Wyoming activists are kicking it into high gear to collect signatures for 2022 ballot initiatives to legalize medical marijuana and decriminalize cannabis possession, with the campaign announcing a series of events this weekend to shore up support.
Weeks after the state attorney general issued ballot summaries for the measures, the secretary of state’s office formally provided petition sheets on Tuesday. Now, advocates will be holding signature gathering events in seven cities across the state on Friday and Saturday.
The campaign, which is being backed by the national Libertarian Party and Wyoming NORML, turned in the requisite 100 initial sponsorship signatures for each measure to the secretary of state last month before being formally cleared by the attorney general’s office.
Here’s the list of signature gathering events the marijuana activists are hosting this weekend:
- Evanston – Hamblin Park, 190 Bear River Dr, Evanston, September 11, 11:00 AM-4:00 PM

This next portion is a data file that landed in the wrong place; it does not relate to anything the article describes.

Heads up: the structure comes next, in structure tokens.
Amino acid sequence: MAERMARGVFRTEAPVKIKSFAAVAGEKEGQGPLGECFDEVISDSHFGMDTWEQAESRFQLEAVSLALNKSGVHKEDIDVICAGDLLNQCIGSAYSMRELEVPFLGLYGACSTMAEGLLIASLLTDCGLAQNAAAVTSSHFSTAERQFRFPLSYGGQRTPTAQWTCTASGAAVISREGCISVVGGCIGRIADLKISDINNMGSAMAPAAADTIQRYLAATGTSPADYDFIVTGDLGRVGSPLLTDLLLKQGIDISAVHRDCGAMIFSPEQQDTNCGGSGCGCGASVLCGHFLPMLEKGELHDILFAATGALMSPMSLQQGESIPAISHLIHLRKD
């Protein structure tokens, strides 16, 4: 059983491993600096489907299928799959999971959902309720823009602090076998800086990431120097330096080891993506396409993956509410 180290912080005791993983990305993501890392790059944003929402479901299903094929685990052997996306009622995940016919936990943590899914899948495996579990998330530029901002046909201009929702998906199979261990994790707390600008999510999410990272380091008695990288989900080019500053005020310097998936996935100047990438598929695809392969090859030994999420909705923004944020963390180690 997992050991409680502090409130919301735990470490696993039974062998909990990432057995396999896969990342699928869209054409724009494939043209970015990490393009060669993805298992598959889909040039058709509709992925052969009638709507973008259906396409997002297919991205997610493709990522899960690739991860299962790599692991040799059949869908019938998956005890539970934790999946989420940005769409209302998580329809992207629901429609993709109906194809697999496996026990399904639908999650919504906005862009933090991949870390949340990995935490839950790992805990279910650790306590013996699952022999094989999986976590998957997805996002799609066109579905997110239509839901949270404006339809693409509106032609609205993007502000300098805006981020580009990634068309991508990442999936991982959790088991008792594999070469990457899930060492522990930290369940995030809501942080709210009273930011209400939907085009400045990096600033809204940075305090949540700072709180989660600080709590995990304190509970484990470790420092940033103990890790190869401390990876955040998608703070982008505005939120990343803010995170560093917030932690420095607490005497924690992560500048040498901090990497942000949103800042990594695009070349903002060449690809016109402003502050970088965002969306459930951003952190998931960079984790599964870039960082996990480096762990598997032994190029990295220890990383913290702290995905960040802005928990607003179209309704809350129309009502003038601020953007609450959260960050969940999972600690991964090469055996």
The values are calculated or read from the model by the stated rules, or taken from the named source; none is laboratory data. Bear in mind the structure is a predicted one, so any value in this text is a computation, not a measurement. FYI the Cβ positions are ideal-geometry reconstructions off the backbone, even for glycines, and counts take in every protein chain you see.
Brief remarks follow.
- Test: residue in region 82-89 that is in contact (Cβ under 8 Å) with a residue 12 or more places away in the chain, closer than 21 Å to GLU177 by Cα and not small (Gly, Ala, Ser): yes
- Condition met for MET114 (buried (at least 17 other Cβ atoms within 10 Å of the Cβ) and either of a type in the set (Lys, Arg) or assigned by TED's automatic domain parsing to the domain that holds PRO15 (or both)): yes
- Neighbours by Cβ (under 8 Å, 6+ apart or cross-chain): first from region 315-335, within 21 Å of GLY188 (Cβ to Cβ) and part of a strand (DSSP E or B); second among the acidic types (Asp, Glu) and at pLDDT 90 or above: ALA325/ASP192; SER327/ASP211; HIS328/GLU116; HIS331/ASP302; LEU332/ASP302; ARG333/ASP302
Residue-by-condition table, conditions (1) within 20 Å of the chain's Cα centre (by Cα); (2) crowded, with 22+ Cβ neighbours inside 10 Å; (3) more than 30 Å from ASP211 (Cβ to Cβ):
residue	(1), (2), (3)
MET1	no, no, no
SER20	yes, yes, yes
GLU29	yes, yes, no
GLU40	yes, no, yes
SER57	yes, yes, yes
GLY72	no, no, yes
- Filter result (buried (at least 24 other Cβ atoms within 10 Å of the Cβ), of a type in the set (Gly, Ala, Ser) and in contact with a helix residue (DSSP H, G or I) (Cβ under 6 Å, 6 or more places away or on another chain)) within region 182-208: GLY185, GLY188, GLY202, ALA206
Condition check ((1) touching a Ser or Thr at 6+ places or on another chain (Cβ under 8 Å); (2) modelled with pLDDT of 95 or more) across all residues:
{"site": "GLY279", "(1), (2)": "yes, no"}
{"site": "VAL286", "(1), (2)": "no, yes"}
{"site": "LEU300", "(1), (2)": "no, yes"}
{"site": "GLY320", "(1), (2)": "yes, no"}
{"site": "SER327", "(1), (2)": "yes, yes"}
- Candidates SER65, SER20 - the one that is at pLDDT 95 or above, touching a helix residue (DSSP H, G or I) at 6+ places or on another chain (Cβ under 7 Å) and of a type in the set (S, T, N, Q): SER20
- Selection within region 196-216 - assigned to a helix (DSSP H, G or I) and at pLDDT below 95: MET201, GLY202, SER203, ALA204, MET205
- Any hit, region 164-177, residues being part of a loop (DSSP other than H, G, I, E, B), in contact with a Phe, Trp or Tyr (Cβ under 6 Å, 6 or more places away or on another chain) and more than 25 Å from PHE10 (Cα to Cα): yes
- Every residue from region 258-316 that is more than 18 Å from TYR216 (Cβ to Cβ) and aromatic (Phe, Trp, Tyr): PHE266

- Rawlins – The Grindz, 509 W Cedar St, Rawlins, September 10, 5:30 PM-10:00 PM
- Riverton – Rendezvous at the Riverwalk, Riverton Fairgrounds, September 11, 10:00 AM-3:00 PM
- Green River – Flaming Gorge Harley-Davidson, 440 Uinta Dr. Green River, September 10-11 12:00vPM-6:00 PM
- Cody – City Park, 908 Sheridan Ave, September 11, 11:00 AM
- Cheyenne – Elevate Studios, 1408A E 13th St, September 10, 5:30 PM-9:00 PM
- Casper – Washington Park, Shelter 2, 951 S Jefferson St, September 11, 9:00 AM – 6:00 PM
Activists must collect 41,776 valid signatures from registered voters per measure to qualify for the ballot. To make the November 2022 ballot, they must turn in enough signatures by February of next year. Otherwise, they will have until January 2023 to qualify for a subsequent election.
Here’s the summary language that voters will consider, according to Wyoming NORML.
Wyoming Patient Cannabis Act of 2022
“Shall a law be enacted authorizing the Wyoming Liquor Division to regulate the cultivation, sale, and use of medical marijuana for medical treatment?”
Wyoming Cannabis Amendments
“Shall a law be enacted to reduce criminal penalties for the cultivation, possession, use, and transfer of marijuana?”
This ballot effort launched after state lawmakers advanced—but failed to pass—a bill to legalize marijuana this session.
For the medical proposal, patients would be able to purchase and possess up to four ounces of flower and 20 grams of “medical marijuana-derived products” in a 30-day period.
People with any of more than a dozen qualifying conditions—including cancer, glaucoma, HIV, multiple sclerosis, Parkinson’s disease and dementia—would also be able to cultivate up to eight mature plants for personal use.